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WHO H1N1 Vaccine Target Raises Pandemic Concerns
Recombinomics Commentary 22:13
February 18, 2010

One silver lining: US officials hope some of the 74 million doses of leftover pandemic flu vaccine that's sitting in manufacturers' freezers can be used for next fall's vaccine. That would give the nation a big jump in making next fall's vaccine. Which could mean earlier access to flu shots.

The above comments reflect remarks made at WHO’s virtual press conference on recommendations for the vaccine targets in 2010/2011.  The recommendation, like the earlier recommendation for the 2010 season in the southern hemisphere, included H3N2, influenza B, and a California/7-like pandemic H1N1.

The choice of California/7 has been controversial because the widely used X-181A has five non-synonymous HA difference with the consensus H1N1 sequence, including Q226R.  Moreover, unlike the attenuated live virus in the nasal spray, the target does not have D225G.

D225G has been of concern because of its linkage to fatal cases and frequent jumps from sub-clade to sub-clade via recombination.  The sub-clade with the highest frequency of D225G/N includes Ukraine isolates, where most fatal cases have D225G/N and most isolates with D225G/N are from fatal cases.  D225G/N has also been seen in the Duke death cluster, which involves another sub-clade, where three of five sequences from the Duke patients have D225G or D225N.  These sequences were from four patients and three died.  Moreover, the recent vaccine failure associated with a severe cases in Wyoming adds to these concerns.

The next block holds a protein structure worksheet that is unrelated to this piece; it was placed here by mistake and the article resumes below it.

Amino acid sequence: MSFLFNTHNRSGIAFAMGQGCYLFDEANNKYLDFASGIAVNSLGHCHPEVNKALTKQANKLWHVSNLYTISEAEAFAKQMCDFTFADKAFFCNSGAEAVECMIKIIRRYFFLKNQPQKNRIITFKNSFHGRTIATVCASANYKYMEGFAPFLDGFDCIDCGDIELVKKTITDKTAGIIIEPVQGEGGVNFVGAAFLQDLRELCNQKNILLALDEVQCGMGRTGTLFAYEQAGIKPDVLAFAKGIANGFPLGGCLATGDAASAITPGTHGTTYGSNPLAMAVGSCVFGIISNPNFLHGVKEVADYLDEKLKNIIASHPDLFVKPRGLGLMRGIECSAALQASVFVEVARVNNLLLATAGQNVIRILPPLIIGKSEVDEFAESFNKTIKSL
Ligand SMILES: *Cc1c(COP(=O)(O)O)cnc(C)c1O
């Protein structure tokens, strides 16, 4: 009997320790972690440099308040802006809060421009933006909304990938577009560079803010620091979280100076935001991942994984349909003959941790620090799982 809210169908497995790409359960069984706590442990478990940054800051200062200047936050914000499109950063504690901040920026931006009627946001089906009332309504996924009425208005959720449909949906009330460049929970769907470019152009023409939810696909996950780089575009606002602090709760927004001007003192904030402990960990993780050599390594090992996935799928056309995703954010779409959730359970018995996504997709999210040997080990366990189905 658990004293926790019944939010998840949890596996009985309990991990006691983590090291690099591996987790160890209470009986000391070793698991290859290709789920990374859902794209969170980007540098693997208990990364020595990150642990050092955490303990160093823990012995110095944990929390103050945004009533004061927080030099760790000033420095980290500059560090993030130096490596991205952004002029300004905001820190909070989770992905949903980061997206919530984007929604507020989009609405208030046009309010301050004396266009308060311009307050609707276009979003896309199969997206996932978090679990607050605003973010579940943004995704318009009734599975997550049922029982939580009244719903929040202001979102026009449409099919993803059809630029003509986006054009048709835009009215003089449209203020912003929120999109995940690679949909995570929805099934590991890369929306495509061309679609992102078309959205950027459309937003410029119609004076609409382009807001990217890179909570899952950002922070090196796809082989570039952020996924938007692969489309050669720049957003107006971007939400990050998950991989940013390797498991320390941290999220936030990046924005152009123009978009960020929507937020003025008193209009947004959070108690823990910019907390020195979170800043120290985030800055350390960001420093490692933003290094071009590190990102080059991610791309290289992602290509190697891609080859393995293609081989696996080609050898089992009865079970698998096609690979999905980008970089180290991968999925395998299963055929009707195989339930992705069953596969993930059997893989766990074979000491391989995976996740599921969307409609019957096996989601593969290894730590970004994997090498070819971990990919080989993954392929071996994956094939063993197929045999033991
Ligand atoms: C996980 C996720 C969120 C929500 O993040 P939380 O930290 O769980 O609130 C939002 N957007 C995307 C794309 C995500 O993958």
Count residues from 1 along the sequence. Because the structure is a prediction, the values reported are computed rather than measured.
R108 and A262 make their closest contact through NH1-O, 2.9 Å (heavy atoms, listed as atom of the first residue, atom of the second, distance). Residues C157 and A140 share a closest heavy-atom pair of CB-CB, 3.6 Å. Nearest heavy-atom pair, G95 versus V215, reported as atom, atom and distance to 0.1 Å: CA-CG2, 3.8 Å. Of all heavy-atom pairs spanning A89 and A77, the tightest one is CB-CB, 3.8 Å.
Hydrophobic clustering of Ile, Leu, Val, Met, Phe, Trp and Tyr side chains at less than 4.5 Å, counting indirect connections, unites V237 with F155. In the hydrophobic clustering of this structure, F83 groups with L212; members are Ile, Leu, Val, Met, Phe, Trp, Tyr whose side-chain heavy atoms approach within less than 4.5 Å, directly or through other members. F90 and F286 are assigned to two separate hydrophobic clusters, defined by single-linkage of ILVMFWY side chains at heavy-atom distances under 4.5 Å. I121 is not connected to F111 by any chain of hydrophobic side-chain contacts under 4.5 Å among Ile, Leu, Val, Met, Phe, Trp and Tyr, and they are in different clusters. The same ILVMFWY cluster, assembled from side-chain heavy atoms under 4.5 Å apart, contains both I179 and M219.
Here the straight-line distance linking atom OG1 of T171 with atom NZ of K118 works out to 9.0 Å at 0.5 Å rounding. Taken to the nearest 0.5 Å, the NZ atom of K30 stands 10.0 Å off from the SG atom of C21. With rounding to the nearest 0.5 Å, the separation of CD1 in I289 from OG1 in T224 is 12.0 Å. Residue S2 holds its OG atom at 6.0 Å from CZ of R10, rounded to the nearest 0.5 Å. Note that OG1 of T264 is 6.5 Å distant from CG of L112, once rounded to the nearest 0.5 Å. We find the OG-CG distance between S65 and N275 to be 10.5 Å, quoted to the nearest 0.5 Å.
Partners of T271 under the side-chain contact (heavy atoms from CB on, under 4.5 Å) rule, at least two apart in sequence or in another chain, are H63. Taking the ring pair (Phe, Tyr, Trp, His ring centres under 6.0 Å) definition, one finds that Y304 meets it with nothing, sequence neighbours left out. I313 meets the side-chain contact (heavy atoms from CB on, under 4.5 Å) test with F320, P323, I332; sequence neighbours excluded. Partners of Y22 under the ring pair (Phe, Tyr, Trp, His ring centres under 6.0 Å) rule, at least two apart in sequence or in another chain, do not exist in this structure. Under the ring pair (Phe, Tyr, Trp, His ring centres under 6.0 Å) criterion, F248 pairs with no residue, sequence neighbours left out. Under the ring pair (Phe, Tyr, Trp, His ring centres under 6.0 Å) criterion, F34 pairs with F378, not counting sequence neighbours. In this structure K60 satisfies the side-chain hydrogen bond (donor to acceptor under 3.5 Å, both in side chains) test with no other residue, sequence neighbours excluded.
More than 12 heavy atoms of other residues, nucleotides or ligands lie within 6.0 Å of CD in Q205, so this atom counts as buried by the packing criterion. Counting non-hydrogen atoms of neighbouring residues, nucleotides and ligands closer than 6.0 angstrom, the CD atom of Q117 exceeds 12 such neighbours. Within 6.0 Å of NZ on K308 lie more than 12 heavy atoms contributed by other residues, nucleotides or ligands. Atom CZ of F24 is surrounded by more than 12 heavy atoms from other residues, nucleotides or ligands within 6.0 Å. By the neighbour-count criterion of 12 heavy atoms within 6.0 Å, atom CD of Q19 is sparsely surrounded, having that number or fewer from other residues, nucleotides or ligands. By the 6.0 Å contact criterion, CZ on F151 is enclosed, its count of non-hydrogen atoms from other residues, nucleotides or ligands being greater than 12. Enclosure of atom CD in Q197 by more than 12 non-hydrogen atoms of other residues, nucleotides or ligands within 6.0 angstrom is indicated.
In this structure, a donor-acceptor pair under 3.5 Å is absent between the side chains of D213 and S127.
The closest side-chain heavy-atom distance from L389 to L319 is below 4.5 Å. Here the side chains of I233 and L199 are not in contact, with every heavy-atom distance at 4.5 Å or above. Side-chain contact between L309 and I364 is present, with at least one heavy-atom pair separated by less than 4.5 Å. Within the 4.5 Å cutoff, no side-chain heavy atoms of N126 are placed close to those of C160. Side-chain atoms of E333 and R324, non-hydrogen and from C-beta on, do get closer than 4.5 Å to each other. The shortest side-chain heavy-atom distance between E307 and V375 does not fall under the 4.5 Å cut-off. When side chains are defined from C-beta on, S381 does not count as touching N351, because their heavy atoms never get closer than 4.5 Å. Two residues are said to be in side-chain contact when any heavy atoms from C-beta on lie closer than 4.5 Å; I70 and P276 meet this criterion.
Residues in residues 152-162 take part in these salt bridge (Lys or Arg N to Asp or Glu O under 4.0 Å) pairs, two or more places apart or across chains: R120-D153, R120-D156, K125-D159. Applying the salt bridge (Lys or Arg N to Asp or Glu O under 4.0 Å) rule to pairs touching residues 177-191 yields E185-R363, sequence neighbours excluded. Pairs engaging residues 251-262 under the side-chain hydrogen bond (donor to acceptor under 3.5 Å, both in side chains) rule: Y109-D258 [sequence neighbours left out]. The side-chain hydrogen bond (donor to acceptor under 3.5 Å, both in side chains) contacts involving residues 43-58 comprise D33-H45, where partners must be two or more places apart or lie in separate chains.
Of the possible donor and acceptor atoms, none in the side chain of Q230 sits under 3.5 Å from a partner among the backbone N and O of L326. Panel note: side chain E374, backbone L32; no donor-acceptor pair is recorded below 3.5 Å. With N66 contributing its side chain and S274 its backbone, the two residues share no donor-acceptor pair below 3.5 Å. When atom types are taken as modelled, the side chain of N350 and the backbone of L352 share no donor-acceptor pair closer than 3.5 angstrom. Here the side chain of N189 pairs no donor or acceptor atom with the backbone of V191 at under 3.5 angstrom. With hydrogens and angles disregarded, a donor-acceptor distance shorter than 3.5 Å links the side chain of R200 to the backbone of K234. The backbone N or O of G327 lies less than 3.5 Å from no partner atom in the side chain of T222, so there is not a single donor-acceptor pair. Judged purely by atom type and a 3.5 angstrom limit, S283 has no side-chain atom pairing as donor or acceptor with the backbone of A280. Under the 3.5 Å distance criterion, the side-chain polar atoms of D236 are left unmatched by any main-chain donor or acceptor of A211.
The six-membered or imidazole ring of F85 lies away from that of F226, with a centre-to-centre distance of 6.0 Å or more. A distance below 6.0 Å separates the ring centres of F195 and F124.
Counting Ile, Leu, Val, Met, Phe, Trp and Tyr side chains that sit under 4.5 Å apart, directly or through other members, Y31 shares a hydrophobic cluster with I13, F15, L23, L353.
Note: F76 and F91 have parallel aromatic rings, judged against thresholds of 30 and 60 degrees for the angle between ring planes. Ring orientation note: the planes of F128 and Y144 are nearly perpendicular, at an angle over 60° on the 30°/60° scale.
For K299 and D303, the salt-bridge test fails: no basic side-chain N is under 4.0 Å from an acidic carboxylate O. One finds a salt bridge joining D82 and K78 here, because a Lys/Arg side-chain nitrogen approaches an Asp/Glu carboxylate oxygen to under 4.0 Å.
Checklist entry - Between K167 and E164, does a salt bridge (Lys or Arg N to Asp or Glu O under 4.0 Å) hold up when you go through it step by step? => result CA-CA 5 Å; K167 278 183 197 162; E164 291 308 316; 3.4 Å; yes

Concerns rose when Mill Hill did an antigenic analysis on one of the Ukraine isolates and found that it was a low reactor, raising concerns that the frequency of D225G would increase because of selection due to immune responses to wild type H1N1 or the pandemic vaccine.  The CDC test of the same sequence did not produce the four fold or greater decrease in titer, highlight differences that were likely do to use of different anti-sera.  These types of differences were acknowledged by WHO, and anti-sera from pooled patients was created for lab standardization.  However, the affect of this standardization on sensitivity remains unclear.  Thus, such a standard may uniformly fail to detect reductions in titers identified in the Mill Hill assay.  Reports of D225G/N are on the rise suggesting that D225G/N is offering a selective advantage, as predicted by the Mill Hill results.

In addition, N159D is found in two distinct low reactors identified in the CDC assay (A/South Carolina 18/2009 and A/Utah/20/2009) raising concerns that the H1N1 is evolving away from the California/7  target.  Although the WHO report mentioned low reactor isolates, the selection of a vaccine target from April, 2009 which started with 5 non-synonymous changes, the decision to keep the same target through 2011 does not address these changes, and the large stockpiles of this older target suggest that California/7 will be the pandemic target in use in 2011.

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